Though still in its infancy, the PSP was blessed with a number of top-notch racing games at launch. ATV Offroad Fury: Blazin' Trails is the first off-road racing game for the Sony handheld. While the single player mode tends to be frustrating, the game combines fast four-wheel action with one of the most feature-rich online multiplayer modes we've seen on the PSP. If you're in love with the grit and grime of dirt racing, and don't mind a challenge, then Blazin' Trails should be right up your alley.
The first thing that will probably strike you about this game is its difficulty. Unlike many racing games (heck, unlike most games in general) that start out easy and gently ramp up the intensity as you progress, Blazin' Trails' single-player championship events--of which there are 14 to choose from--start out challenging and don't let up for a moment, even on normal difficulty level. This is partially due to some newly tweaked, and far less forgiving, physics that put an absolute premium on jump strategy. Unlike other off-road racing games, which tend to be forgiving in terms of how you approach a jump, how much you preload your ride, and more, Blazin' Trails forces near-perfect approaches and skillful landings if you hope to even have a chance of winning against your three ontrack opponents.
While demanding physics aren't necessarily a damning aspect of a game, when coupled with equally unforgiving controls and a deadly efficient (some might say rubber-band) opponent artificial intelligence, you have the makings of a championship series that will leave all but the most experienced ATV fans clawing their hair out in frustration. Blazin' Trails makes no bones about throwing tough competition against you. From the very outset, you'll find yourself fighting just to stay up with the pack, much less win the race. While you'll see computer-controlled opponents wreck periodically (eliciting a roar from the crowd in the process), when they manage to stay perched on the bike, they are notoriously fast and aggressive. Even if you manage to open up an early lead in the championship series races, you never have room to feel comfortable in your position to concentrate on things like pulling off tricks from the game's massive roster of stunts. Instead, you're completely focused on nailing a clean landing, leading early in the upcoming turns, and generally doing your best to stay in the race. A little luck never hurts, and if you can manage to topple an opponent from his ATV, thus opening up a little space for yourself in the process, all the better.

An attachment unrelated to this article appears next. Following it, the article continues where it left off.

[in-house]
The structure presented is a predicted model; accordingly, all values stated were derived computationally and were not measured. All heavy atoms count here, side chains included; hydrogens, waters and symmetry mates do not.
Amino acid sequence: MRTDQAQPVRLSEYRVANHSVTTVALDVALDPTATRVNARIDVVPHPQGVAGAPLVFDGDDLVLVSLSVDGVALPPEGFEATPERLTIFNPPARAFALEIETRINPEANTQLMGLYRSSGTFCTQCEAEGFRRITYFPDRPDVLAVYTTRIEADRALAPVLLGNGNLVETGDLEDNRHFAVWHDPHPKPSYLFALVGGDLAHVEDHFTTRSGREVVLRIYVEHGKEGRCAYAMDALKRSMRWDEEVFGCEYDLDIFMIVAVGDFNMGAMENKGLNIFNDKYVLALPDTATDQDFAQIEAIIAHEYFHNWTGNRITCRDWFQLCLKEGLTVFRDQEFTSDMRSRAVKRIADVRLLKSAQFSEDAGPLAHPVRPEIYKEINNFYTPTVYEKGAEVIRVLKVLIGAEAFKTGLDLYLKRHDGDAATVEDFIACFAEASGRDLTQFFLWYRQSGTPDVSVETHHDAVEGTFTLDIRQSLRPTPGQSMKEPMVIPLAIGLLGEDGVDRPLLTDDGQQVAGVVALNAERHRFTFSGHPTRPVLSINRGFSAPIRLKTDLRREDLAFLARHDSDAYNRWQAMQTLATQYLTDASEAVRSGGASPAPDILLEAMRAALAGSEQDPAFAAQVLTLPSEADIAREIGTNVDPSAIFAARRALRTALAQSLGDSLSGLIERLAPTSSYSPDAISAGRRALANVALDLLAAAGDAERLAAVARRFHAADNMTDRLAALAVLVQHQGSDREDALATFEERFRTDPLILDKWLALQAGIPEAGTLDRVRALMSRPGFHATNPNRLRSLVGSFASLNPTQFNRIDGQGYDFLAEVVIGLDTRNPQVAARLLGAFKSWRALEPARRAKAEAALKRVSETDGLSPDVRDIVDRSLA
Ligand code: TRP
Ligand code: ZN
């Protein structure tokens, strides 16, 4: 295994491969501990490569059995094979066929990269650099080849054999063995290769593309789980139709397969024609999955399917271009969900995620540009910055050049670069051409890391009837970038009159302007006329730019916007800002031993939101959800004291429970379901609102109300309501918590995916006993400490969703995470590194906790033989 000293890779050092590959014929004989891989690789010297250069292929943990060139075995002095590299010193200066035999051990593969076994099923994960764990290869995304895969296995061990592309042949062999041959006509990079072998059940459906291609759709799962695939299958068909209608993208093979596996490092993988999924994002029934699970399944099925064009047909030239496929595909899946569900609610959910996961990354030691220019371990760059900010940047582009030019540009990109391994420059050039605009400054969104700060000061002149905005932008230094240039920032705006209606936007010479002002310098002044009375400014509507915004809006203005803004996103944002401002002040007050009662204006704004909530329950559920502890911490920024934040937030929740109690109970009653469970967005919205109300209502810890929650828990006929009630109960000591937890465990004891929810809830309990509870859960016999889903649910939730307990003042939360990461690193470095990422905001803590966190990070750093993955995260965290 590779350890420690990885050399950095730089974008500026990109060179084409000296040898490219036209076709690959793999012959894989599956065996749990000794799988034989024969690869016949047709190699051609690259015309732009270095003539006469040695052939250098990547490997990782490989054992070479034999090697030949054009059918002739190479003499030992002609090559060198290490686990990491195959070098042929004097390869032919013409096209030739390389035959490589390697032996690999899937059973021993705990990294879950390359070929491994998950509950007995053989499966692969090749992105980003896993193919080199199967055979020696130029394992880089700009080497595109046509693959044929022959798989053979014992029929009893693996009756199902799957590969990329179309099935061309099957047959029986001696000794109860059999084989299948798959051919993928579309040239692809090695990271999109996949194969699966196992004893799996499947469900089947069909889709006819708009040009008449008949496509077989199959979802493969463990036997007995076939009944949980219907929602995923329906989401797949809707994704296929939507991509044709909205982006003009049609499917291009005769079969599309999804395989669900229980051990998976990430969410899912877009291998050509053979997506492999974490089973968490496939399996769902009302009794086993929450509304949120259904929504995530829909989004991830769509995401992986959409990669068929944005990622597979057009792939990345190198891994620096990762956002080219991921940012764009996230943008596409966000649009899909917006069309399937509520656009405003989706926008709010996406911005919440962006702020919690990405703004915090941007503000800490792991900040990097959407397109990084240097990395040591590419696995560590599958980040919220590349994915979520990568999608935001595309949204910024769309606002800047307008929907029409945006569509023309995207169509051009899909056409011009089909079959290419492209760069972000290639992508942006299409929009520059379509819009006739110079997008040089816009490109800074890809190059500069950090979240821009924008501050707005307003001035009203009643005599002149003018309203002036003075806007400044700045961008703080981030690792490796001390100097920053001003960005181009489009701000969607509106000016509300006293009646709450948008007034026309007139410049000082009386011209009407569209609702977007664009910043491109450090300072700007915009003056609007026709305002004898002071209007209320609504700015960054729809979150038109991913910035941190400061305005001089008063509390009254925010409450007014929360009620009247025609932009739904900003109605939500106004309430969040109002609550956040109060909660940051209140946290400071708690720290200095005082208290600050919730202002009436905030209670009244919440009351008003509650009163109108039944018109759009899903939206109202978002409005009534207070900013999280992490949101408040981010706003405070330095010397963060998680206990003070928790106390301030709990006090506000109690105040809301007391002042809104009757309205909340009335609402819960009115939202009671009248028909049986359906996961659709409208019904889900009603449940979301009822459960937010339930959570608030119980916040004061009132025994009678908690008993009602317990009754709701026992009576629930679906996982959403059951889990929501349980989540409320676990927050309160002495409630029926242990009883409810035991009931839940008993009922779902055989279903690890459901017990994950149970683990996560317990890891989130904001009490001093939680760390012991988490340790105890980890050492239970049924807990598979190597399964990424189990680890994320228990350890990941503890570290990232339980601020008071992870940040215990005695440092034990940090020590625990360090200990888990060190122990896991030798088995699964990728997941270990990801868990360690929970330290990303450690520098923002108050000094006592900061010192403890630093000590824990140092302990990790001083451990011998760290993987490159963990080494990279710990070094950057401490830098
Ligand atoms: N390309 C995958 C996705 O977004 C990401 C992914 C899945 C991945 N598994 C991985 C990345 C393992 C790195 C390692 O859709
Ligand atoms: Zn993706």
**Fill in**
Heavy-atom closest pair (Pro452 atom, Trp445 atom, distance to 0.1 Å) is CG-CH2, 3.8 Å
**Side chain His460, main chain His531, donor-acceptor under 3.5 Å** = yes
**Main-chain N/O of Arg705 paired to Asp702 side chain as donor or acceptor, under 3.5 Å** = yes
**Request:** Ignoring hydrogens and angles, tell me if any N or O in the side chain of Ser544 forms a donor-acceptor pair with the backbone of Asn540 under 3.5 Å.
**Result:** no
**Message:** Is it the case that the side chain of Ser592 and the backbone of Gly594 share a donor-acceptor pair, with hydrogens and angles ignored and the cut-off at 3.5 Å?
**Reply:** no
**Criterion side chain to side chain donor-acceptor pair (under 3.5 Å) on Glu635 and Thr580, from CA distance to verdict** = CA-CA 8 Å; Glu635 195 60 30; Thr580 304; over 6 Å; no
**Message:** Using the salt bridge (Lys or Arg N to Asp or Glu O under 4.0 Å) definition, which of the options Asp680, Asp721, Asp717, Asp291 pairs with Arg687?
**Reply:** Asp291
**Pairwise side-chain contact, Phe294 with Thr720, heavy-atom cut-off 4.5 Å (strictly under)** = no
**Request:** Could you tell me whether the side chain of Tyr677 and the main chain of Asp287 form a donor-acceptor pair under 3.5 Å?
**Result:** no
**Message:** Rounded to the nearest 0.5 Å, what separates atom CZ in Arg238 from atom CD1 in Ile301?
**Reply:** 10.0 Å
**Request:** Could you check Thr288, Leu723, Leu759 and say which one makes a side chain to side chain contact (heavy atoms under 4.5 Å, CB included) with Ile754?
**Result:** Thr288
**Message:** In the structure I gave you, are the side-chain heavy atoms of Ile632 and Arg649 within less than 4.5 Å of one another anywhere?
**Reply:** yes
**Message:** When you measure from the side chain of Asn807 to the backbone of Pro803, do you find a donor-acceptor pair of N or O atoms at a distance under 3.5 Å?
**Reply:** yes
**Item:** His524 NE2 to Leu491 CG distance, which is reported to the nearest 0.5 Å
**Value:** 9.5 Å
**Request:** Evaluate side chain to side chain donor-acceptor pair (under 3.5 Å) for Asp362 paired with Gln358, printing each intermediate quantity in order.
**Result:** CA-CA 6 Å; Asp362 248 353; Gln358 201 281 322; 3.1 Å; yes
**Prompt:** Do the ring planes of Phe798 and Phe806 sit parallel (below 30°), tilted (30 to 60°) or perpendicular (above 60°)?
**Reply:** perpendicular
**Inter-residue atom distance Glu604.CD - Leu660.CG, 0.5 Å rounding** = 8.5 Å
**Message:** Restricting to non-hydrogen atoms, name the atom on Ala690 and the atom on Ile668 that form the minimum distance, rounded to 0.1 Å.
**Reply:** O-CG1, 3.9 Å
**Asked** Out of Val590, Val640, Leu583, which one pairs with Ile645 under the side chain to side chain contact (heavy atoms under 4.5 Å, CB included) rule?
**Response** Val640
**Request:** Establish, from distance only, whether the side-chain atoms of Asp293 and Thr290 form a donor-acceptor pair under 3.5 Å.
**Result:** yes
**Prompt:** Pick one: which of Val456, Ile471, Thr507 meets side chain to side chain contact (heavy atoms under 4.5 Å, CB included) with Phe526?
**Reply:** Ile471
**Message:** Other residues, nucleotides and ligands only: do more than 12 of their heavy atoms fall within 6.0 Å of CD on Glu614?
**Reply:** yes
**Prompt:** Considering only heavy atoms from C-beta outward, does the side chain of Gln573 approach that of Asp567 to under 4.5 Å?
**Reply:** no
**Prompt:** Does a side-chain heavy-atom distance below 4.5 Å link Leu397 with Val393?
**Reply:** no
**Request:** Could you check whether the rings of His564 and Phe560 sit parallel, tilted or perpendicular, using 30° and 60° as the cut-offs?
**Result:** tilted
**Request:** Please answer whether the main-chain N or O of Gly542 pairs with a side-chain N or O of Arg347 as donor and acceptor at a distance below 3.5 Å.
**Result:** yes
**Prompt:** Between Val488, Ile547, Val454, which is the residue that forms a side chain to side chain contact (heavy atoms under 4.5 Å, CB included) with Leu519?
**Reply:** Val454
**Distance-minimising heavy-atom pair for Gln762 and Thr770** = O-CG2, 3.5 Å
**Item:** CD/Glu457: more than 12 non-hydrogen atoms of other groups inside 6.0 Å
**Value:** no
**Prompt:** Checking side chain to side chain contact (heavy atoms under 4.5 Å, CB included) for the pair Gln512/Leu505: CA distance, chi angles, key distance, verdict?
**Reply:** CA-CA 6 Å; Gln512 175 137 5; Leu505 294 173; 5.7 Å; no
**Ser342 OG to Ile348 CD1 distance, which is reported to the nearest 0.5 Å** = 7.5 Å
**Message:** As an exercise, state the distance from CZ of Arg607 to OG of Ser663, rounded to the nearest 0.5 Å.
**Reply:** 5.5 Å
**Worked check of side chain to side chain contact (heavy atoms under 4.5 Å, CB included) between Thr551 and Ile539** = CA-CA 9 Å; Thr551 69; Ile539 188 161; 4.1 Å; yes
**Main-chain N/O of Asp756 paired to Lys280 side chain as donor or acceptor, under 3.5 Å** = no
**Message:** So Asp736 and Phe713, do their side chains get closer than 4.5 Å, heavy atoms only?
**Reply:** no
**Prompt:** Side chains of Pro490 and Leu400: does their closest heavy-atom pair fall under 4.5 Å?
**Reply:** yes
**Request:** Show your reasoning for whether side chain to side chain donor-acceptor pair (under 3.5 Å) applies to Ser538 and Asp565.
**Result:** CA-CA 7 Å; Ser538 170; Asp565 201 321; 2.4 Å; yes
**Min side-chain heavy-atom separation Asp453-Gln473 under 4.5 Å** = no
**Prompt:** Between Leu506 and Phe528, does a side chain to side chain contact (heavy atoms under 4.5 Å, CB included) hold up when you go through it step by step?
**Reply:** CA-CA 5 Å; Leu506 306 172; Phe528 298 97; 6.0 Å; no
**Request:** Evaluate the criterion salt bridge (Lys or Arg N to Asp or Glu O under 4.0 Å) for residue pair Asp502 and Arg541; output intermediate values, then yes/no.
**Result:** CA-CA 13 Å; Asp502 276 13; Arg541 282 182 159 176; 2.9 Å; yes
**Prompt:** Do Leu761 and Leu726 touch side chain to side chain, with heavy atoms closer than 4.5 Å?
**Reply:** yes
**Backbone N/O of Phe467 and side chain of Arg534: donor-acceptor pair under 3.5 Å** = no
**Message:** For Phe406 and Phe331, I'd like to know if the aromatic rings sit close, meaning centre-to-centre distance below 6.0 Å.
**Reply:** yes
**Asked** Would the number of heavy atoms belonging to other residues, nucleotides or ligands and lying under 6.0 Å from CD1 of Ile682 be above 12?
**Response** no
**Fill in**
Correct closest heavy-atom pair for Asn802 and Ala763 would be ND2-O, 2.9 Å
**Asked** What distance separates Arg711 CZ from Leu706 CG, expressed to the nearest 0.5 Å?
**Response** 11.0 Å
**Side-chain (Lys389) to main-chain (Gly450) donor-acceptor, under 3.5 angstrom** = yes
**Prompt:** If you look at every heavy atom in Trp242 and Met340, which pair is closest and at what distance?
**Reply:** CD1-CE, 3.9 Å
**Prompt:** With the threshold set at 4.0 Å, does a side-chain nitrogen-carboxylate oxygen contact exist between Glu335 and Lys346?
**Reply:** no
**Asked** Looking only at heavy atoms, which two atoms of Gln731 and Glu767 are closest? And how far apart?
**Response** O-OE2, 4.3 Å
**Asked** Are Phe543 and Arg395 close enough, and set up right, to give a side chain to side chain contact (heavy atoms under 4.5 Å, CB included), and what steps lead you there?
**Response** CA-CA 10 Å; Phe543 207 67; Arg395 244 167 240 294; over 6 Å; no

The game's controls make it difficult to recommend using the PSP's analog stick over the directional buttons, or the other way around. While the stick feels better for turning and preloading the bike on jumps, its limited range of motion makes it too easy to overcompensate on turns. Similarly, the directional pad works fine for turns, but the down-up motion needed to preload the bike feels awkward and inefficient. In the end, neither configuration works especially well.
Collision detection in Blazin' Trails is more accurate than has been seen in previous ATV games. You can't fly through flagpoles or rubber barriers, because all these roadside obstacles are perilously solid and should be avoided at all costs. Some glitches exist, so you'll sometimes be able to land directly on a rubber barrier and then hop directly back onto the course with no ill effects. But for the most part, your best bet for staying on your ATV is to avoid everything but the jumps. Should you crash or manage to go offtrack, the game has a tendency to reset you back on the track at an odd angle, often leading you to run immediately offtrack again. In all, the racing found in Blazin' Trails is designed for those who enjoy a challenge, but it may be too frustrating for beginners to enjoy.